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Dove Cottage and the Wordsworth Museum, Lake District

William Wordsworth (1770-1850) was a major English Romantic poet, who together with Samuel Taylor Coleridge, helped to launch the Romantic Age in English literature. He was Britain’s Poet Laureate from 1843 until his death in 1850. Wordsworth was born in Cockermouth, Cumberland, one of five children. He travelled extensively through Europe and after getting homesick during his stay in the harsh winter of 1798-99 in Germany he then came back to England with his sister Dorothy and moved into Dove Cottage, Grasmere in the Lake District. William and Dorothy lived here until William married in 1802 when his wife and her sister joined them. With an expanding family, the Wordsworths moved from Dove Cottage and finally settled in Rydal Mount, a much bigger house just a few miles south just outside Ambleside. They continued to rent this property for 46 years until Mary’s death in 1859, 9 years after William’s death. Rydal Mount was acquired in 1969 by Mary Henderson (née Wordsworth), William’s great great granddaughter. It remains in the ownership of the Wordsworth family, and has been opened to the public since 1970. During his eight years at Dove Cottage, Wordsworth described this time as ‘plain living and high thinking’, he produced what are now regarded as his finest works. Nature was important to Wordsworth and also the impact that it has on human life, this is shown in many of his poems. His greatest work is thought to be ‘The Prelude’ which is a semi-autobiographical poem that he worked on for most of his adult life. His most famous poem is ‘I wandered lonely as a Cloud’ and it is the second version which he altered and was published in 1815, that is the widely known one today. He died at Rydal Mount in 1850 and is buried in Grasmere churchyard.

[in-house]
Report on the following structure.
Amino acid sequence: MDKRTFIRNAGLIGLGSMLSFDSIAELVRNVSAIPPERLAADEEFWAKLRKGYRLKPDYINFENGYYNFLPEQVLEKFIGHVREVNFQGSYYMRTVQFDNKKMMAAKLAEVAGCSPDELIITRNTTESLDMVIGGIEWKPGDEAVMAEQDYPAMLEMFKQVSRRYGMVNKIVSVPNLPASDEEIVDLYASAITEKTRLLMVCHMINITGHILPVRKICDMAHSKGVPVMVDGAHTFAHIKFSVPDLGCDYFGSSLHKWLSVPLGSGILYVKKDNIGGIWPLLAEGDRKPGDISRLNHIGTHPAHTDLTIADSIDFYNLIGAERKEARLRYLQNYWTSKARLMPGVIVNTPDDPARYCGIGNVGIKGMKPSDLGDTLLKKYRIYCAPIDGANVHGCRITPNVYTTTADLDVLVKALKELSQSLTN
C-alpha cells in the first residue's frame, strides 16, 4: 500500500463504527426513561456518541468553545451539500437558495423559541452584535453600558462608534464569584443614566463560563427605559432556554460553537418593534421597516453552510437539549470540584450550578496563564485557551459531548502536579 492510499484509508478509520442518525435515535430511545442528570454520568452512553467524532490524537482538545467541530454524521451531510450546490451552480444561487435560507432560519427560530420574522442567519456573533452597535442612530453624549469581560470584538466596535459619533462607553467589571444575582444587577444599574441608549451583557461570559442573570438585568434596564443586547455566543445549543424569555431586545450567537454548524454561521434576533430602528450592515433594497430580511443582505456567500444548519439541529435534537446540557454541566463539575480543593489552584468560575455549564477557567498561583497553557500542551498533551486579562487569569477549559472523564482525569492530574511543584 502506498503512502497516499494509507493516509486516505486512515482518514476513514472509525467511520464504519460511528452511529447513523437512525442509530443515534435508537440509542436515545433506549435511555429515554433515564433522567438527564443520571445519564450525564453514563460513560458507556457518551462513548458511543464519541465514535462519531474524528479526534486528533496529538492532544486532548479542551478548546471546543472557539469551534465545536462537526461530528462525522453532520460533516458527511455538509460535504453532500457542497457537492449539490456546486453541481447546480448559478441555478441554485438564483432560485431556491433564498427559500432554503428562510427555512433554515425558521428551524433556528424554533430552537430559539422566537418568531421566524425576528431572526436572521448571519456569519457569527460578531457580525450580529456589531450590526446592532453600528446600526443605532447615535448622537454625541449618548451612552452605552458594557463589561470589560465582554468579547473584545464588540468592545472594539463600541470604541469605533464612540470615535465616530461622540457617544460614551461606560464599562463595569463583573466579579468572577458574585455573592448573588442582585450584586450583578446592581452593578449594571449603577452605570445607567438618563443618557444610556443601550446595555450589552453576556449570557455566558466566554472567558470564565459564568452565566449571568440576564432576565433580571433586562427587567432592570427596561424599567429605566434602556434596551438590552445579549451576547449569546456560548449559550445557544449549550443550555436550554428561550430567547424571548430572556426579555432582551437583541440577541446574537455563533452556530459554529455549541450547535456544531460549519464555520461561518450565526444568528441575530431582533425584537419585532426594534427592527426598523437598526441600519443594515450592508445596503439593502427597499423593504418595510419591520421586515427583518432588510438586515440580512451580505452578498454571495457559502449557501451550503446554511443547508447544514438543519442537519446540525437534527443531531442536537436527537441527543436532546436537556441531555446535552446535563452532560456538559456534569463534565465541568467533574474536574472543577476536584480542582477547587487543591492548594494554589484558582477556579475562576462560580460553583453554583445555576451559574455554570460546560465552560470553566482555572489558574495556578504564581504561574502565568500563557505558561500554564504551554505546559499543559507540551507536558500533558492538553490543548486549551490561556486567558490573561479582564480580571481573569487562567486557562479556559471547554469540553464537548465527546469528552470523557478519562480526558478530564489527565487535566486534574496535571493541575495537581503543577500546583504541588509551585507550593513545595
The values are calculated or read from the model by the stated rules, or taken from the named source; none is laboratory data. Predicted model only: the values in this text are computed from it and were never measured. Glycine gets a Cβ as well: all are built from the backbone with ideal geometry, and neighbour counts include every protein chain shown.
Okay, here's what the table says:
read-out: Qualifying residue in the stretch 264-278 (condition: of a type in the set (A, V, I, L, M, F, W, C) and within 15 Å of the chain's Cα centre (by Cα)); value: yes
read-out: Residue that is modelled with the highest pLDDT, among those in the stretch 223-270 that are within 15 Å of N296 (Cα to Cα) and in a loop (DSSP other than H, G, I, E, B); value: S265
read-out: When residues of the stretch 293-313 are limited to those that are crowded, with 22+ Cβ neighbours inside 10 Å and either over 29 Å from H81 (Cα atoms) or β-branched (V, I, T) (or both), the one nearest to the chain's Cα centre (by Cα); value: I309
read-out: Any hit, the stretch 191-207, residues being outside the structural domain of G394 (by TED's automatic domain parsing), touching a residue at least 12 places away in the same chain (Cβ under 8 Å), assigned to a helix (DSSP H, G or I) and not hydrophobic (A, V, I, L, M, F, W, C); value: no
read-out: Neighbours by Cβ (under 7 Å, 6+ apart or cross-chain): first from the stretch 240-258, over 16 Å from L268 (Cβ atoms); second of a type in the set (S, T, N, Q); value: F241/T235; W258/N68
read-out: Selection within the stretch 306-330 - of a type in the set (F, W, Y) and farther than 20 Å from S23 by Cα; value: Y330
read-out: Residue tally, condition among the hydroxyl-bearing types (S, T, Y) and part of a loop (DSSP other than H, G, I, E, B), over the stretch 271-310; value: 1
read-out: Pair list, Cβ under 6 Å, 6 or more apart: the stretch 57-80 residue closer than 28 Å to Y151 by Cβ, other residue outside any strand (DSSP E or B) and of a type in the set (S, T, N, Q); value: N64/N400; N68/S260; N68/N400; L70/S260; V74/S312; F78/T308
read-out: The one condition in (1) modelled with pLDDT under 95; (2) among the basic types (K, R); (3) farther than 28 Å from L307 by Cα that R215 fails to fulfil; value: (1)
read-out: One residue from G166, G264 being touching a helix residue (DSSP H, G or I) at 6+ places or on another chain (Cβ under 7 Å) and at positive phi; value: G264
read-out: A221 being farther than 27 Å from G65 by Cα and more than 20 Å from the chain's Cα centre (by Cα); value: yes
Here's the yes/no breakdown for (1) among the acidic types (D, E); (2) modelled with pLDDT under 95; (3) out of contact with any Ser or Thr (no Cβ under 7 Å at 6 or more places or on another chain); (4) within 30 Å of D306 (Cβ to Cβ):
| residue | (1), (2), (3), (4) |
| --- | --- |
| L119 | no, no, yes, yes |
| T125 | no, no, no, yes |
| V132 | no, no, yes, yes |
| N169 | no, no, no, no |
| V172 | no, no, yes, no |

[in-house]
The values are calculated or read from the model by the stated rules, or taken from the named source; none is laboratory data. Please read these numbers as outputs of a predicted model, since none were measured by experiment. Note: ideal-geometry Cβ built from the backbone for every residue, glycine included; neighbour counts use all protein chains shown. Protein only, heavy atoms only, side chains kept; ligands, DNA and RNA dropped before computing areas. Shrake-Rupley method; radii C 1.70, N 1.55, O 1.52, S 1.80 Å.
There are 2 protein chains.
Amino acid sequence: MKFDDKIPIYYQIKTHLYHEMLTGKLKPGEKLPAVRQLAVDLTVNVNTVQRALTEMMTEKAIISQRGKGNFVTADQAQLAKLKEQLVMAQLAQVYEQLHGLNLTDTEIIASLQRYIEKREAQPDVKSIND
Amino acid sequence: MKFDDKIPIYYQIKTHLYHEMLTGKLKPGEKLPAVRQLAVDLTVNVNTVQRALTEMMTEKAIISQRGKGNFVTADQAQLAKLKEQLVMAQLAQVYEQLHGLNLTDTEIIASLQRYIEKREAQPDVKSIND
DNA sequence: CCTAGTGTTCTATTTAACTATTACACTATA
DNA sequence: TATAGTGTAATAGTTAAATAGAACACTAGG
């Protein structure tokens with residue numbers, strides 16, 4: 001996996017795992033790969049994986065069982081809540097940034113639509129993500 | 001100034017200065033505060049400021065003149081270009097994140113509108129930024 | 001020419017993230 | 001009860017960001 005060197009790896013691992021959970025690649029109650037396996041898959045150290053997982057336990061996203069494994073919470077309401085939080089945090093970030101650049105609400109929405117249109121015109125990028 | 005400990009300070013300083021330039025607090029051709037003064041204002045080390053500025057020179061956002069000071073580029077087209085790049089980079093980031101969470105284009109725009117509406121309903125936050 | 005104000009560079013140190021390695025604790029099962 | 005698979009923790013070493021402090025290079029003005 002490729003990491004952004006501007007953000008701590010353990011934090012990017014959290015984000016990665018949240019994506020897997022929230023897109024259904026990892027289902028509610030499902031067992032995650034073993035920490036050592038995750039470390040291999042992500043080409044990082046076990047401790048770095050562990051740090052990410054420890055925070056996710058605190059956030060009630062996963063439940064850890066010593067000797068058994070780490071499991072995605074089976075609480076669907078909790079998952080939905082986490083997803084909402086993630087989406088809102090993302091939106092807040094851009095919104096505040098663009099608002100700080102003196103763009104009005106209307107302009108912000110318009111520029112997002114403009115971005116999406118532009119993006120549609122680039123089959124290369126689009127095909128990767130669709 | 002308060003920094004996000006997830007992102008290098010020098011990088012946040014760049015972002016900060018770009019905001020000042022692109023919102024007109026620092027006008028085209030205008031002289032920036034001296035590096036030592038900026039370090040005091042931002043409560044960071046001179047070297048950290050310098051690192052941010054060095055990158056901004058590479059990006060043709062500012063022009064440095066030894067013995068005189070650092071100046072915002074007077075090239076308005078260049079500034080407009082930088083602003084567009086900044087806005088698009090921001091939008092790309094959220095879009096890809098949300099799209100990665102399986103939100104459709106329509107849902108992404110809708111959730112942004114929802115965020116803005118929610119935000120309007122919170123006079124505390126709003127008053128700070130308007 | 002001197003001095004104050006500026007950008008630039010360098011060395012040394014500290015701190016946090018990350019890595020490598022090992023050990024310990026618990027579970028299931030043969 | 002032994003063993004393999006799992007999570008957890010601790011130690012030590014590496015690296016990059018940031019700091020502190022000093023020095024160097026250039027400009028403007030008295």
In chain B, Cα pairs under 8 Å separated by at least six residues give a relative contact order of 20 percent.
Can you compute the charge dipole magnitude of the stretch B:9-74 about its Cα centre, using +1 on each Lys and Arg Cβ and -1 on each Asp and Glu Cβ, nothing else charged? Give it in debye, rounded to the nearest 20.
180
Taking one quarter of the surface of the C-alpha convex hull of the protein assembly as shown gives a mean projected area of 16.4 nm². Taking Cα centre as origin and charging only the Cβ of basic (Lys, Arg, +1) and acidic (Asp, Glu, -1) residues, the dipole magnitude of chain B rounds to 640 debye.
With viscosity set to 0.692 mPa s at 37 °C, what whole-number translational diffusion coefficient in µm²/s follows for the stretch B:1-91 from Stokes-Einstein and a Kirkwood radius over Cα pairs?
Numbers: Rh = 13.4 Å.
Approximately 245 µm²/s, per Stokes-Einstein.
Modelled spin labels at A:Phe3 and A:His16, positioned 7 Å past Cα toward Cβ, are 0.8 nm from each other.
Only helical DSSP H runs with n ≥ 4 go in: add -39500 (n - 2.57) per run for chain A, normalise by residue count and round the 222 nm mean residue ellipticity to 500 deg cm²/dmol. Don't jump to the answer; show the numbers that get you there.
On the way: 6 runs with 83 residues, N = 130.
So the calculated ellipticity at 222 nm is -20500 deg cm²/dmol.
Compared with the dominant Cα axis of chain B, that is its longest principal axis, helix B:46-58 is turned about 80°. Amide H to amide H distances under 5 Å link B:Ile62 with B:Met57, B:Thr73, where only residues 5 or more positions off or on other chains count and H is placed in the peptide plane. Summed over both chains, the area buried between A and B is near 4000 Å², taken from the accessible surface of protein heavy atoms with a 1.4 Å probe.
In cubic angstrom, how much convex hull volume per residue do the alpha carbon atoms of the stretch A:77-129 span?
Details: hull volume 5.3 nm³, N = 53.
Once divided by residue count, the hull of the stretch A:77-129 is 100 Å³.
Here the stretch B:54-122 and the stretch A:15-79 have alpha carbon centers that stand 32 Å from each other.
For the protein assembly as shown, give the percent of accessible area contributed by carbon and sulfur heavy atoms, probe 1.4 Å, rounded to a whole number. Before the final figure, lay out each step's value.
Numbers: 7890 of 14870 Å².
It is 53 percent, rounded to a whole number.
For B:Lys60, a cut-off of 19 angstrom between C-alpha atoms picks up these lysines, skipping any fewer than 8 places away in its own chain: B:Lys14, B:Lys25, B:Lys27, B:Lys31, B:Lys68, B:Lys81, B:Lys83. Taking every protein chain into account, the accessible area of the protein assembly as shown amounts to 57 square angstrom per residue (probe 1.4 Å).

Dove Cottage,
The Wordsworth Museum & Art Gallery,
Grasmere
LA22 9SH
Tel: 015394 35544

Official Website : https://wordsworth.org.uk/

Be Inspired

Castles

Castles were first built in England during the Norman Conquest in the 11th century as fortifications. There are many hundreds of castles throughout England some in good repair whilst others have all but completely disappeared other than a few stones to mark the spot.

Castles

Lakes

England has many lakes spread out over the whole of the country but the most famous must be the Lake District which draws around 16 million visitors each year to admire the beauty of the countryside around the lakesides. Lake Windermere is England’s largest lake.

Lakes

National Parks

The National Parks of England are quite diverse but all have in common one thing and that is their beauty. From the windswept reaches of Dartmoor and Exmoor to the mountains and lakes of the Lake District or the ancient, peaceful tranquility of the New Forest all are worthy of a visit.

National Parks

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